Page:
That was 20 years and nine new high school football teams ago.
When the new football season kicks off tonight around the county, there will be approximately 1,500 players representing 21 Cobb high schools, and the best part may be that nearly any one of the schools can beat the other on any given Friday.
"It used to be we could walk out on the field and know we could outcoach a team," said Queen, who has been an assistant or head coach in Cobb for the last 15 years. "Now, it's like running a small Division II program, and if you aren't working year round, you can't compete with anyone."
That idea will be put to the test tonight with a number of big games on the Week 1 slate, including the Cobb Football Friday game of the week, Kennesaw Mountain at Pope. For years, the Mustangs have been on the doorstep of the playoffs, but for one reason or another, they just haven't been able to get over the last hurdle. They will open the season against the up-and-coming Greyhounds and their offensive line that averages 280 pounds per man - led by Vanderbilt commitment Grant Ramsay.
Other games feature: Hutson Mason, the reigning Class AAAAA Offensive Player of the Year, will lead one of 2008s surprise teams, No. 9 Lassiter into Sprayberry for the annual Backyard Brawl; Marietta Daily Journal Dynamite Dozen defensive back Christian Turnipseed and his Harrison Hoyas will host No. 3 Peachtree Ridge, making it the third time in the last 11 games the two traditional powers have faced off.
The only game in the county pitting Dynamite Dozen players against each other tonight is when wide receiver Kennard Backman and Whitefield Academy travel to Walker to tangle with linebacker Davis Feder.
In addition, Campbell's T.K. Dodd and North Cobb Christian's Harry Miles will be making their head coaching debuts with their respective teams. They can only hope to have as much success as the county's other new coach, Walton's Rocky Hidalgo, who got his first win last Saturday when the Raiders opened the season by beating Norcross in the Corky Kell Classic at the Georgia Dome. And for those fans who just want to see who might be the county's best player, they will have to wait until next Friday for McEachern's Rajaan Bennett to take the field again. Bennett lit up Brookwood's defense at the Dome for 187 rushing yards and four touchdowns.
Part of the reason the county's high school football has become so competitive is in that same 20-year period Cobb's population has increased by more than 262,000 people according to U.S. Census statistics, but former McEachern head coach Jimmy Dorsey said its not so much the influx of people, but how the high school teams in the area have tapped into the potential talent.
"(Back then) most high schools just had football teams," he said. "Now the schools have football programs."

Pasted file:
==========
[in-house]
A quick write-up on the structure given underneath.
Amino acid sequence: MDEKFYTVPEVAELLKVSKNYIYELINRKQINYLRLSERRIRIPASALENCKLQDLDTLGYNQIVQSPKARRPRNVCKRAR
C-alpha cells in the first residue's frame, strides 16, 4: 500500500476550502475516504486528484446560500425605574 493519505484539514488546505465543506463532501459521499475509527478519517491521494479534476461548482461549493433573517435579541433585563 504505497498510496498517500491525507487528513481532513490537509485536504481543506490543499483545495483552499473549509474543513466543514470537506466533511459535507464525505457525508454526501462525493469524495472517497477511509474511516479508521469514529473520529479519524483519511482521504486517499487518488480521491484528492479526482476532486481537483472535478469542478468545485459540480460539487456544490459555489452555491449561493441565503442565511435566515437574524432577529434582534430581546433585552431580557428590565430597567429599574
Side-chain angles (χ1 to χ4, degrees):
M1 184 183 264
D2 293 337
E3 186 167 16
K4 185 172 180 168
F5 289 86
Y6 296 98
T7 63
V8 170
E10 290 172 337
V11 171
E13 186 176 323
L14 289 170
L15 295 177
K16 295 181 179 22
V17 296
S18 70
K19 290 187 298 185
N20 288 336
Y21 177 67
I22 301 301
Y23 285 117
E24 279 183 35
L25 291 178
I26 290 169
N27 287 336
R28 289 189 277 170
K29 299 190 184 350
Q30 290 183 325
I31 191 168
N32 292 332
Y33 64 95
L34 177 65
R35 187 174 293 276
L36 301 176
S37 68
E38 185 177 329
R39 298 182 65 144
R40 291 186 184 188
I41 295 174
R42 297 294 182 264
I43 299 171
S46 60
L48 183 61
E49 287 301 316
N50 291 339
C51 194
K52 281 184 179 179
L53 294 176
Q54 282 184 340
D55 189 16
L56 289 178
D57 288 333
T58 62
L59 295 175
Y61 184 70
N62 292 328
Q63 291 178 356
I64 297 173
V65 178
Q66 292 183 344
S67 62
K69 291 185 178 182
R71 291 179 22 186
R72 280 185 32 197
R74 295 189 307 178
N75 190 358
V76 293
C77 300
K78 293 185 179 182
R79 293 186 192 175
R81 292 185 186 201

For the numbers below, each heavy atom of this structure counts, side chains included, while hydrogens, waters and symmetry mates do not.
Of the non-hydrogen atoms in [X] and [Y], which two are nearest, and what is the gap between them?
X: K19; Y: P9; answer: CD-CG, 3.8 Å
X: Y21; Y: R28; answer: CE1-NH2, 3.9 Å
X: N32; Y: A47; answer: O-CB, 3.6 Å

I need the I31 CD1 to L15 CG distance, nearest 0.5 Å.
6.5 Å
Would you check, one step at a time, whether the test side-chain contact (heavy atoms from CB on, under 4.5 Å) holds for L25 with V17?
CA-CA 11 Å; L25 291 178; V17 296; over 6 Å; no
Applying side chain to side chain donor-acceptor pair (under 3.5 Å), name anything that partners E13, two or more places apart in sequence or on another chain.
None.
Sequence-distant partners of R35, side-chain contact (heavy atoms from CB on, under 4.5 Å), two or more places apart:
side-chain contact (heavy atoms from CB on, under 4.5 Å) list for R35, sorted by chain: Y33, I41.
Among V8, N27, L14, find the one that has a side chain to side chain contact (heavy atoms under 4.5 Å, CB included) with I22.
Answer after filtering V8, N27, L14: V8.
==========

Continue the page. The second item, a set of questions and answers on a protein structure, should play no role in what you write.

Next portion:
The program is where all football being played in any particular school district falls under the umbrella of the area high school. From the time the players are in the sixth and seventh grade they are functioning on a team that will run the same system as they move up to the freshman team, junior varsity and eventual varsity team.
"I think we have all adopted Valdosta's model," Dorsey said. "At least that's what I did with my program.
"In Valdosta, it was just understood. If you were a boy you were expected to play football for Coach (Wright) Bazemore (who won 10 state titles in 28 years as head coach). That was your destiny."
Kell coach Derek Cook said coaches are also doing a better job of recruiting athletes. Not from school to school, but recruiting from within their own hallways.
"If you see a kid walking down the hall you get him to come out (for football)," Cook said. "This year I have three basketball players and a bunch of baseball players coming out. It's the same in any sport, if we see a kid that we think could help us (or them) we try to encourage them to try out."
And let's face it. Players know the game today provides opportunities that may not have been present 20 or more years ago.
"There's a better level of instruction now," Cook said. "Football teams now have 10 or 15 coaches compared instead of the five we had when we were playing.
"The kids also notice all the media and attention they can get at the higher levels. And if their friends are able to get it, they want it too."
Of course, for any player, he still needs to be able to perform once he takes the field, and Queen says there are more and better athletes than ever before thanks to all of the other advantages previously mentioned.
"Kids are bigger, faster and stronger," he said. "There used to be only one (former North Cobb defensive end and current Georgia Bulldog) Derrick Lott in the entire county. We've had 24 players sign (college scholarships) in the last three years. Now you can find six or seven (Division I) players that play on the same team."